Once you've selected your scripture, use it not just as a starting point for an aimless stroll, but to dictate the specific path and direction of the study. Formulate a theme from the passage you wish to present, and then break that theme into an appropriate number of points.

Andrew Blackwood showed an inclination for two points. Harry Emerson Fosdick spoke of "not more than four points." Callaway leaned toward three points. John A. Broadus recalled the proverb, "three heads like a sermon," and led his students in that direction. There is no need to be rigid; as Parker once observed, "everyone must have his own way." But the more points you choose, the less likely that they will be remembered!

In my seminary homiletics classes I suggest three guidelines for selecting the main points or headings of a sermon. They should always be exegetical, sequential, and memorable. The points become the skeleton. Some bones, cheekbones, for example, can be most attractive when only barely covered. The same can be true with the points of a sermon. Without any covering they would claim little fame. But if you present them prominently, in good taste, surrounded with explanatory material, your framework of points will abide in memories for a long while.

W. E. Sangster, the master preacher of Westminster Hall, preached on the prodigal son in a way that one could never forget. Just three points:

Sick of home

Homesick

Home

To encourage those of us who will never mount the steps of such eminent pulpits, let me quote structure examples from some young seminarians in my homiletics class in the fall of 1983—with their permission.

Preaching a biographical sermon contrasting the characters of Peter and John, Janet Esh produced this outline: Two fishermen Two fiery fishermen Two fishermen on fire A sermon on the slaying of the giant Goliath led Skip Johnson to progress through these points:

Unkind brother

Unencouraging king

Unconquerable giant

Telling the story of the woman taken in adultery, Osmond Lesis explained:

Her condemnation

Their frustration

His solution

Llewellyn Williams' sermon on the glory of the resurrection had just two well-chosen points:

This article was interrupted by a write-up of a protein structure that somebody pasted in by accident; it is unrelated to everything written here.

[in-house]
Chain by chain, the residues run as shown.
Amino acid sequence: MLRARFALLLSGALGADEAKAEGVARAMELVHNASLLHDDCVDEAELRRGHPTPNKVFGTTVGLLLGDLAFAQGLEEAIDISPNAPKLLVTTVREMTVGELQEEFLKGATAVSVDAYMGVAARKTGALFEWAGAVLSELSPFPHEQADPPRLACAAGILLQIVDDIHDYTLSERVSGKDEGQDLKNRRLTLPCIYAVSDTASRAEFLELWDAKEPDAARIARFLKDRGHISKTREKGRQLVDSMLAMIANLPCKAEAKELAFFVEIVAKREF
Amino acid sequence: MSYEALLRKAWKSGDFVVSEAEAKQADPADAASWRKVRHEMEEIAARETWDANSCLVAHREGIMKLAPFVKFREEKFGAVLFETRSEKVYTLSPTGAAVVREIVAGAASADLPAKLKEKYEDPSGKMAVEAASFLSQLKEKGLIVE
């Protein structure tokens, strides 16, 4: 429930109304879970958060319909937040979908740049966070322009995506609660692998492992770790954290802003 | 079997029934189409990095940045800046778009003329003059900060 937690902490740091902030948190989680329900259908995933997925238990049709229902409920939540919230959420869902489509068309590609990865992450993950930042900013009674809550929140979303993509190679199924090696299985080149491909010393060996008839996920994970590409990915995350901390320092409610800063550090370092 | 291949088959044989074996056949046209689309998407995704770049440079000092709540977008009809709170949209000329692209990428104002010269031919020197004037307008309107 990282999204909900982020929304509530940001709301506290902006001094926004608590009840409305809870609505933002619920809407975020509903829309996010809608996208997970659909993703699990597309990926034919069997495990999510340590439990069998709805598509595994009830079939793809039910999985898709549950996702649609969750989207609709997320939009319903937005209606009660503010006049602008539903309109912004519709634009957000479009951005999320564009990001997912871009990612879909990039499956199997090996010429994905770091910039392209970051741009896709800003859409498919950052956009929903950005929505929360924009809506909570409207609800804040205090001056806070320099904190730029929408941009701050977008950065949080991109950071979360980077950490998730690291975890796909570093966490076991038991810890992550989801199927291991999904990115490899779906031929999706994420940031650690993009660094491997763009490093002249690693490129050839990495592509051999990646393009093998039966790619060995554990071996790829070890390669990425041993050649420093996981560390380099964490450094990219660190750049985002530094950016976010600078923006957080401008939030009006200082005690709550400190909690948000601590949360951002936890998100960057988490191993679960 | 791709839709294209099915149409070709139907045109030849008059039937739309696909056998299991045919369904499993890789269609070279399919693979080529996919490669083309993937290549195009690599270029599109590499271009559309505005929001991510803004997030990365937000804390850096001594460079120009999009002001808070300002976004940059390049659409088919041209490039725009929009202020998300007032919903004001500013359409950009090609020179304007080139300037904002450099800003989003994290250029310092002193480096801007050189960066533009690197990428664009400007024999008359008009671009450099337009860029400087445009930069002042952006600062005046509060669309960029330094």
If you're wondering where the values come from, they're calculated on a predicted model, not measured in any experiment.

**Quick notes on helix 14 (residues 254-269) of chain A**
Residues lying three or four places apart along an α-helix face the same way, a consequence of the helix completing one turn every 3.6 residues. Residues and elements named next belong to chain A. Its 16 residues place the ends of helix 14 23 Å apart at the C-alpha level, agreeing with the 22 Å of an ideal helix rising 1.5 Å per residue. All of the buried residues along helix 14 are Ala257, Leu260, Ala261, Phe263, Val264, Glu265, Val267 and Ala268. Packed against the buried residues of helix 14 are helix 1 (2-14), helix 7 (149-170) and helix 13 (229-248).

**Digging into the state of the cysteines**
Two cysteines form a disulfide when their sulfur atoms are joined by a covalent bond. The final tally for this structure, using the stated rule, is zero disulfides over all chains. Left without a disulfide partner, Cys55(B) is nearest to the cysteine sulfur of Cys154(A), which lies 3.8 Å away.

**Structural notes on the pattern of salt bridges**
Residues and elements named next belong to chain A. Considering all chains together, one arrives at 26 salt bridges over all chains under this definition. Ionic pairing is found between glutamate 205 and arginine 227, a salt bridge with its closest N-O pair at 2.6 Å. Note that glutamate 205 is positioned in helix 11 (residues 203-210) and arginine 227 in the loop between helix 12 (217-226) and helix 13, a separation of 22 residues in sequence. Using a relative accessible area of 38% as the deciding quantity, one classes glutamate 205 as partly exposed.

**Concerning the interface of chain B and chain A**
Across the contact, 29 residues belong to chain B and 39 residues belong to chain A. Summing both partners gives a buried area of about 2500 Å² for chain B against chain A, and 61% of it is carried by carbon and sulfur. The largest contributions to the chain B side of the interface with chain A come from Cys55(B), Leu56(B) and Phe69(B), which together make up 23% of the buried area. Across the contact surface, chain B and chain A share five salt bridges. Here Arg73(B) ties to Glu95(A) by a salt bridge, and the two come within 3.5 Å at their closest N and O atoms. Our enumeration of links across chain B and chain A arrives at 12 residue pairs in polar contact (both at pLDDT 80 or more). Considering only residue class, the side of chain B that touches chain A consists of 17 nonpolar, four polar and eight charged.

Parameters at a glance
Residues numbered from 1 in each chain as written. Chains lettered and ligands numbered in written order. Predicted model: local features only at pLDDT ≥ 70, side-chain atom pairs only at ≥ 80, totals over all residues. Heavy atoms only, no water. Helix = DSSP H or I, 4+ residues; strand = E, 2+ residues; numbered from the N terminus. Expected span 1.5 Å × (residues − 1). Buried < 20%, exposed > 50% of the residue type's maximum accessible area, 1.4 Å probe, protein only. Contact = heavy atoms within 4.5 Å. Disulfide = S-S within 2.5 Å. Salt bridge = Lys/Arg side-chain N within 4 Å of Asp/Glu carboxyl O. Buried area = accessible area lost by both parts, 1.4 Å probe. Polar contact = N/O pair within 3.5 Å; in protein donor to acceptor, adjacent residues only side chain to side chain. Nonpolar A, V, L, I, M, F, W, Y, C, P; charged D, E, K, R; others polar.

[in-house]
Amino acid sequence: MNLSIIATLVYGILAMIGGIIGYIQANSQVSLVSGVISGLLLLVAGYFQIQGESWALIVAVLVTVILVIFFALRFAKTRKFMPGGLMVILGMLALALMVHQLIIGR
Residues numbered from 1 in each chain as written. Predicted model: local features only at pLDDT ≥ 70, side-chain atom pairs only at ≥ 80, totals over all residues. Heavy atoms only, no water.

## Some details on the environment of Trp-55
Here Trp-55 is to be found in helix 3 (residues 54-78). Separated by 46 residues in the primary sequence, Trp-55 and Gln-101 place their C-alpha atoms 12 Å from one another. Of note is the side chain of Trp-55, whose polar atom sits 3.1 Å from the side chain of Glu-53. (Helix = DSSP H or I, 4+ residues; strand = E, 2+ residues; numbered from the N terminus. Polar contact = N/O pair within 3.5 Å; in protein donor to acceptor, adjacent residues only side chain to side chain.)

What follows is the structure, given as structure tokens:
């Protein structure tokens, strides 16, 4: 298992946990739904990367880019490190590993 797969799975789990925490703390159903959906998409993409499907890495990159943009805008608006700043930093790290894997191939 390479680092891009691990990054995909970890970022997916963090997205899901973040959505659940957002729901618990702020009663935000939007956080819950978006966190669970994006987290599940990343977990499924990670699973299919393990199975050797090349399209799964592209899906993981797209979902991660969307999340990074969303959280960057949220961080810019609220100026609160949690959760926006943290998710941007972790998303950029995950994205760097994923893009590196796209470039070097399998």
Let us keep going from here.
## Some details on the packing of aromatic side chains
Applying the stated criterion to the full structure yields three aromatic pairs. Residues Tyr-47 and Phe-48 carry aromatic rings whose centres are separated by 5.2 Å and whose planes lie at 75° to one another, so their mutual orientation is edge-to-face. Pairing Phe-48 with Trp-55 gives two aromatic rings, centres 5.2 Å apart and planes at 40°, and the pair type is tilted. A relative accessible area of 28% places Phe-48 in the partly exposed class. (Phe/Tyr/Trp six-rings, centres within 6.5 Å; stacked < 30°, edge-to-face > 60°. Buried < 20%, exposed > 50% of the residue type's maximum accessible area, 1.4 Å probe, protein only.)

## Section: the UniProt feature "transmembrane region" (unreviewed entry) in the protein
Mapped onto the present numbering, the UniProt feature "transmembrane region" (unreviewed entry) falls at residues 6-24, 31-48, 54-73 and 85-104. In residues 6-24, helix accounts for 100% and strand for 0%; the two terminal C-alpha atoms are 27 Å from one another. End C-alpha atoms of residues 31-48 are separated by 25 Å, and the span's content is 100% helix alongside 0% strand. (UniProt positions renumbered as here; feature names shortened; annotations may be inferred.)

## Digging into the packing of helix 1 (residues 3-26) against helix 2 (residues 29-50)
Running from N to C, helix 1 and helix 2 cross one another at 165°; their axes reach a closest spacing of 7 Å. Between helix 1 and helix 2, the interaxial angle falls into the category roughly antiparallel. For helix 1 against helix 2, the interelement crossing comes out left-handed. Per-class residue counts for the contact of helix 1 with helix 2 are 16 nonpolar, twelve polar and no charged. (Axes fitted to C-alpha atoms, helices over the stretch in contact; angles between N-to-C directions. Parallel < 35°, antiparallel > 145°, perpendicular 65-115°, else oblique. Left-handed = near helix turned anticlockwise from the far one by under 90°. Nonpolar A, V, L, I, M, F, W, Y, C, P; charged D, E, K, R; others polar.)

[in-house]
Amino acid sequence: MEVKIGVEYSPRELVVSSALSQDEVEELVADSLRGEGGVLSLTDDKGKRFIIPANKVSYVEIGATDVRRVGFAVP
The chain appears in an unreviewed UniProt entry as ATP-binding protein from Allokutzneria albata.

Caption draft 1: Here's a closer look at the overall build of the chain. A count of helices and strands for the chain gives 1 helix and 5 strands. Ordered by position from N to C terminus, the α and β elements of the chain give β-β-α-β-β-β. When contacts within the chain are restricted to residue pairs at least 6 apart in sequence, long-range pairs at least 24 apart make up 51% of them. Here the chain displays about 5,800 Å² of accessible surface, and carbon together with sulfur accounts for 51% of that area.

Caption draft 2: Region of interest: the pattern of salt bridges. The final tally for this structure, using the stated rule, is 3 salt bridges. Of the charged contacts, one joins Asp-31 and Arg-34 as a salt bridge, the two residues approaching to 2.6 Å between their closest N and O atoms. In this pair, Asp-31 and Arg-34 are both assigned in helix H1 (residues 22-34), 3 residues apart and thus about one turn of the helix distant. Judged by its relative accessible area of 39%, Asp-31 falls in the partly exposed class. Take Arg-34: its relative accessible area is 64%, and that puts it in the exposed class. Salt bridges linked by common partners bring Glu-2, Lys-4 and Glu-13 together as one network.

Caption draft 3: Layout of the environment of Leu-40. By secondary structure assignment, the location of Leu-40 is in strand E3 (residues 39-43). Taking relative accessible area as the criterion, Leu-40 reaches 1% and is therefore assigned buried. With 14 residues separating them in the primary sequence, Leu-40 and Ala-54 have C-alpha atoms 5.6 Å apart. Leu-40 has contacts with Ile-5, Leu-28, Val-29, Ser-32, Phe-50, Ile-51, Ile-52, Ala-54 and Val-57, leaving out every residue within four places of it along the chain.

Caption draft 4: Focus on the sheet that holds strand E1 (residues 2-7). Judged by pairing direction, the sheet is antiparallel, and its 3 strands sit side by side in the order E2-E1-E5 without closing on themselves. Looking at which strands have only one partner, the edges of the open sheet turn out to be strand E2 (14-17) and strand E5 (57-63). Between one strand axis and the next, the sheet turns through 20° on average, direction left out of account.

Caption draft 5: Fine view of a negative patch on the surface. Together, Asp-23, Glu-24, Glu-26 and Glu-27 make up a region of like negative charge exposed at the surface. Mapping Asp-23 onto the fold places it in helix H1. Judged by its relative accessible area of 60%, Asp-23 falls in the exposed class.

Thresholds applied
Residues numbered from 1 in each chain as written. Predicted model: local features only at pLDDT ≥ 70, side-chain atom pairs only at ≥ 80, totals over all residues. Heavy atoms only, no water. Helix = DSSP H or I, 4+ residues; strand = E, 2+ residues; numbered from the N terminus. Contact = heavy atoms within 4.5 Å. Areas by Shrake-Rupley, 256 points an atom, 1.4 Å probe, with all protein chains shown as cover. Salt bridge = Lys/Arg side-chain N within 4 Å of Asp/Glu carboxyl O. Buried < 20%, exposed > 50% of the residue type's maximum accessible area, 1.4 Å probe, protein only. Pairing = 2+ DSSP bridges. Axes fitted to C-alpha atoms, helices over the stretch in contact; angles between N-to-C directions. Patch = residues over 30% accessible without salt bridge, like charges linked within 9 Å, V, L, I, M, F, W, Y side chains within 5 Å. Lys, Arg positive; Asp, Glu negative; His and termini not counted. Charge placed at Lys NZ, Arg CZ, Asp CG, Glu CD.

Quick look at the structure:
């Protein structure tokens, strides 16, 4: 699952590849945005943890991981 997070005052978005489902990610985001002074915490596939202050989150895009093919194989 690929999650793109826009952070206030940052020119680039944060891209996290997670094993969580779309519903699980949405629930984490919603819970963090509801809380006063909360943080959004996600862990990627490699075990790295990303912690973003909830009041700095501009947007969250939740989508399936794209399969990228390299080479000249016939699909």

Skepticism reviewed

Faith renewed

Whenever possible, your development of the theme of the text should be exegetical rather than homiletical. Then there should be some logical sequence in the way the theme develops. Each point should be related to the others so there are not three little sermons, but rather one sermon in three steps. And there should be some memorableness about the way it develops so that when the hour is over something has been implanted in each worshiper's mind that the Holy Spirit can use to continue to speak in the secular hours of the week ahead.

If you have, say, thirty minutes for your sermon and you take four minutes for the introduction and reserve five for the conclusion, you will have only about 21 minutes for the body. If you have three points, that leaves only about seven minutes per point!

Some of the greatest preachers—Spurgeon, for example—didn't stop at the development of main points, but he carried their systematic development of the theme into subheads as well. 7 But let's use youthful preachers again to illustrate. Janet Esh divided her three main points as follows:

I. Two fishermen

   A. Alike good

   B. Alike bad

II. Two fiery fishermen

   A. Son of thunder

   B. Son of blunder

III. Two fishermen on fire

   A. John made it

  B. Peter makes it

Roy McGarrell showed a real mastery of development in the sermon he prepared on the subject of pain. After telling a story from his own pastorate of a small passenger boat on its way upstream from Georgetown, Guyana, being destroyed by a time bomb, killing several of his members, he constructed his sermon this way:

I. Suffering pain

   A. Piercing in its reality

   B. Nagging in its continuity

   C. Excrutiating in its intensity

II. Pain of suffering

   A. The problem of suffering

   B. The polarities of suffering

   C. The purpose of suffering

III. Suffering with the pained

   A. The Father's love is limitless

   B. The Father's grace is measure less

   C. The Father's power is boundless Before concluding this brief section on the development of the body of the sermon, we should mention two other essential observations. Your sermon—every sermon, no matter when it is preached—should be soteriological. If Jesus Christ is not lifted up, how can He draw all men to Himself? If Jesus Christ is not seen, how can people be attracted to Him? If Jesus Christ is not heard, what word of life is there to hear? No message, no matter how persuasive, organized, or important, has a place in a Christian pulpit if Jesus Christ is not the basis and focus of it all.

To preach the Second Advent with out the Christ of the Second Advent is to miss the point of it all. To preach the Sabbath without the Lord of the Sabbath is to miss the focus of it all. To preach the sanctuary without the great High Priest of the sanctuary is to miss the blessing of it all. To preach the cross without the Christ on the cross is to miss the power of it all.

And to this I must add that the body of the sermon must speak to people where they are. It must address their needs, their hurts, their fears, their problems, their anxieties, their apprehensions. As you visit with your congregation you must make it your business to know where the people are in their thinking, where they are in their belief system, where they are in their devotions, where they are in their community relations. Preaching to felt needs in the context of exegesis with the focus on the Lord Jesus is what the art of preaching is all about.

The conclusion

What the body of the sermon is to the theme, the conclusion is to the aim. At the beginning of the preparation of the sermon one must establish first the text, second the theme, and third the aim. The aim answers the question, "What do I wish each member to do after listening to this presentation?" The conclusion seeks to activate that aim.